The most distant galaxies we can see are more than 12 thousand million light years away.
The bright star Altair still shines brightly among the stars of the Eagle in the northwest, and the bright stars of the Crane and the Southern Fish are almost overhead in early evening. The foggy glow of the Large and Small Magellanic Clouds can easily be seen in the south (on dark nights away from city lights), with bright Achernar quite near the Small Cloud. Canopus (second brightest star in the sky) is rising in the southeast in early evening, while the Southern Cross and the Pointers are sinking lower in the southwest. The Milky Way is less well placed in November evenings than earlier in the year, low in the western and southern sky.
Rising in the east on November evenings are the stars of summer, with the bright stars of Taurus the Bull, Orion the Hunter and his dogs glowing brightly in the east. The brightest star in our sky is Sirius, the ‘eye’ of the Large Dog, and it often twinkles spectacularly near the horizon, sometimes appearing to flash red and green and producing UFO reports from members of the public who don’t watch the sky often.

The Morning Sky Stars

Regulus can be spotted at the end of Leo the Lion in the NE before dawn, while low in the north are the stars of the Twins, with brilliant Capella just above the horizon in the NNW. A bit higher in the north (above the twins) is Procyon, the brightest star in Orion’s smaller hunting dog. Orion himself is to the west of Procyon (left if you are facing north), holding up his club and lion skin while the Bull charges him from the west. Since Orion, like the other constellations invented in the northern hemisphere, is upside down in our skies, the Large Dog naturally runs above his feet. The stars of the Large Dog include Sirius, which appears brighter to the eye than any other star in our sky. Only 4 stellar systems are closer to the Sun than Sirius (8.6 light years), and it is by far the brightest of the stars in our neighbourhood, giving off more than 20 times as much light as our own Sun. The overwhelming majority of the stars nearest to our Sun are so dim that a telescope is needed to see them despite their closeness. Most of the stars we see in the sky with the naked eye are the rare extremely bright stars that can be seen at great distances.

High in the south are the bright stars of the great ship Argo. Brightest of these is Canopus, second brightest star in Earth’s sky and nearly overhead. Canopus is 15000 times as bright as our own sun, a rare supergiant which is the brightest star within 700 light years of us. If Canopus were at the same distance as Sirius it would be rival the first quarter moon in brightness, and the southern hemisphere sky would seldom be fully dark! If this supergiant star were in the sun’s place at the centre of our solar system, its surface would lie three quarters of the way out to Mercury’s orbit, and a planet with an earth like temperature would have to be three times as far out as Pluto.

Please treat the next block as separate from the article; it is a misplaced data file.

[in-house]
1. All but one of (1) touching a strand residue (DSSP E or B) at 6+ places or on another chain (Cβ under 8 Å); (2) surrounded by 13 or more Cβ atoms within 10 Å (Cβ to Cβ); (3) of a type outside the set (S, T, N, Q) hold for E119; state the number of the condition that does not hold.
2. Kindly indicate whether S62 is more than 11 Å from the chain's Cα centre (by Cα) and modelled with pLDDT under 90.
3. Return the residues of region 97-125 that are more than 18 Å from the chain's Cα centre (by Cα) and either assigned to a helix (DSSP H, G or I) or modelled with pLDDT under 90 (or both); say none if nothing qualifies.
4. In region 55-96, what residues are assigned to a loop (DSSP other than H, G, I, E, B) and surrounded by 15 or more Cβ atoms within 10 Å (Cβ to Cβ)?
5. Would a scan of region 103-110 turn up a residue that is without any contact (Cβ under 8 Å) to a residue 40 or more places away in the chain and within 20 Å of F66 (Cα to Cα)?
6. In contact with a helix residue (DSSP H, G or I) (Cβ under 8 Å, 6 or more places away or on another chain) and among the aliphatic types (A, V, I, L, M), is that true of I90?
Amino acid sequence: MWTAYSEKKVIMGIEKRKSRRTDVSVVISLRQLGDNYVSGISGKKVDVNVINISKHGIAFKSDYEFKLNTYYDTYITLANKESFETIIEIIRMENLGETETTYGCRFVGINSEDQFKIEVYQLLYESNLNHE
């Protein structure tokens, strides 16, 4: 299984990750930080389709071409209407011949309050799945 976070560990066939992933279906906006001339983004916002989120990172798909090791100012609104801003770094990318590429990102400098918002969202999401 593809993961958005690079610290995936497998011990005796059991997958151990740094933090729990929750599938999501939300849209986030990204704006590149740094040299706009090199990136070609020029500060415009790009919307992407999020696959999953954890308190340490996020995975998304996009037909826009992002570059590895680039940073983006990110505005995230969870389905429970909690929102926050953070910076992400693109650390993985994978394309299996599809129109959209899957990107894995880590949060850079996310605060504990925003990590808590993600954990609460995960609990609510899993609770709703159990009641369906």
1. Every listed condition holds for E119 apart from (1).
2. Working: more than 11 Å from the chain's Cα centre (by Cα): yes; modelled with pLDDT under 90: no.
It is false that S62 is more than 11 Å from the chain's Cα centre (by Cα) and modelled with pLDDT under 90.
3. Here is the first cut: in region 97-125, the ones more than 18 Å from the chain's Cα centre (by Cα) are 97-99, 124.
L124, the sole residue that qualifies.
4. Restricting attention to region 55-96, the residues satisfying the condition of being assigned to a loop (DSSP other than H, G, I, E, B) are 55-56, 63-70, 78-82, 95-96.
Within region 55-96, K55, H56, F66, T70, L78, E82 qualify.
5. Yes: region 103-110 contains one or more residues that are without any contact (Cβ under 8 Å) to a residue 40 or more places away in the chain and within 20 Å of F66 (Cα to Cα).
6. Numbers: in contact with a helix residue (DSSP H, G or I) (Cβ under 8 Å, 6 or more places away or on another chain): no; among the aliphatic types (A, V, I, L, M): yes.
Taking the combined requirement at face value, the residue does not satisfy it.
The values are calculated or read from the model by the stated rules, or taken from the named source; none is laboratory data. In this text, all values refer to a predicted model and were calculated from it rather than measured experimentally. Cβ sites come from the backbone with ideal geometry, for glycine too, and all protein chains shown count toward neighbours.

Achernar and the Small Magellanic Cloud are sinking into the southwest in the sky before sunrise, while the Cross and the Pointers (the two brightest stars in Centaurus) are rising in the southeast. Just above the Southern Cross and the Housefly are the stars of the great ship Argo as it sails along the Milky Way, accompanied by the dim stars of the Flying Fish. The Milky Way stretches across the sky from the southeast to the northwest, passing almost overhead, but the northern portion is fairly dim and rather smooth looking, while the southern part is much brighter with obvious dark patches. When we look toward the Keel of Argo, we look directly along our own spiral arm in our galaxy, and the greater abundance of stars in that direction makes this a bright patch in the Milky Way. To the south and east of the Keel we look inward toward the richer star fields of the inner galaxy; to the north and west we look through the less impressive outer regions of the galaxy, where there are fewer stars.

Sivuyile Manxoyi: Sivuyile@saao.ac.za

30 November 2017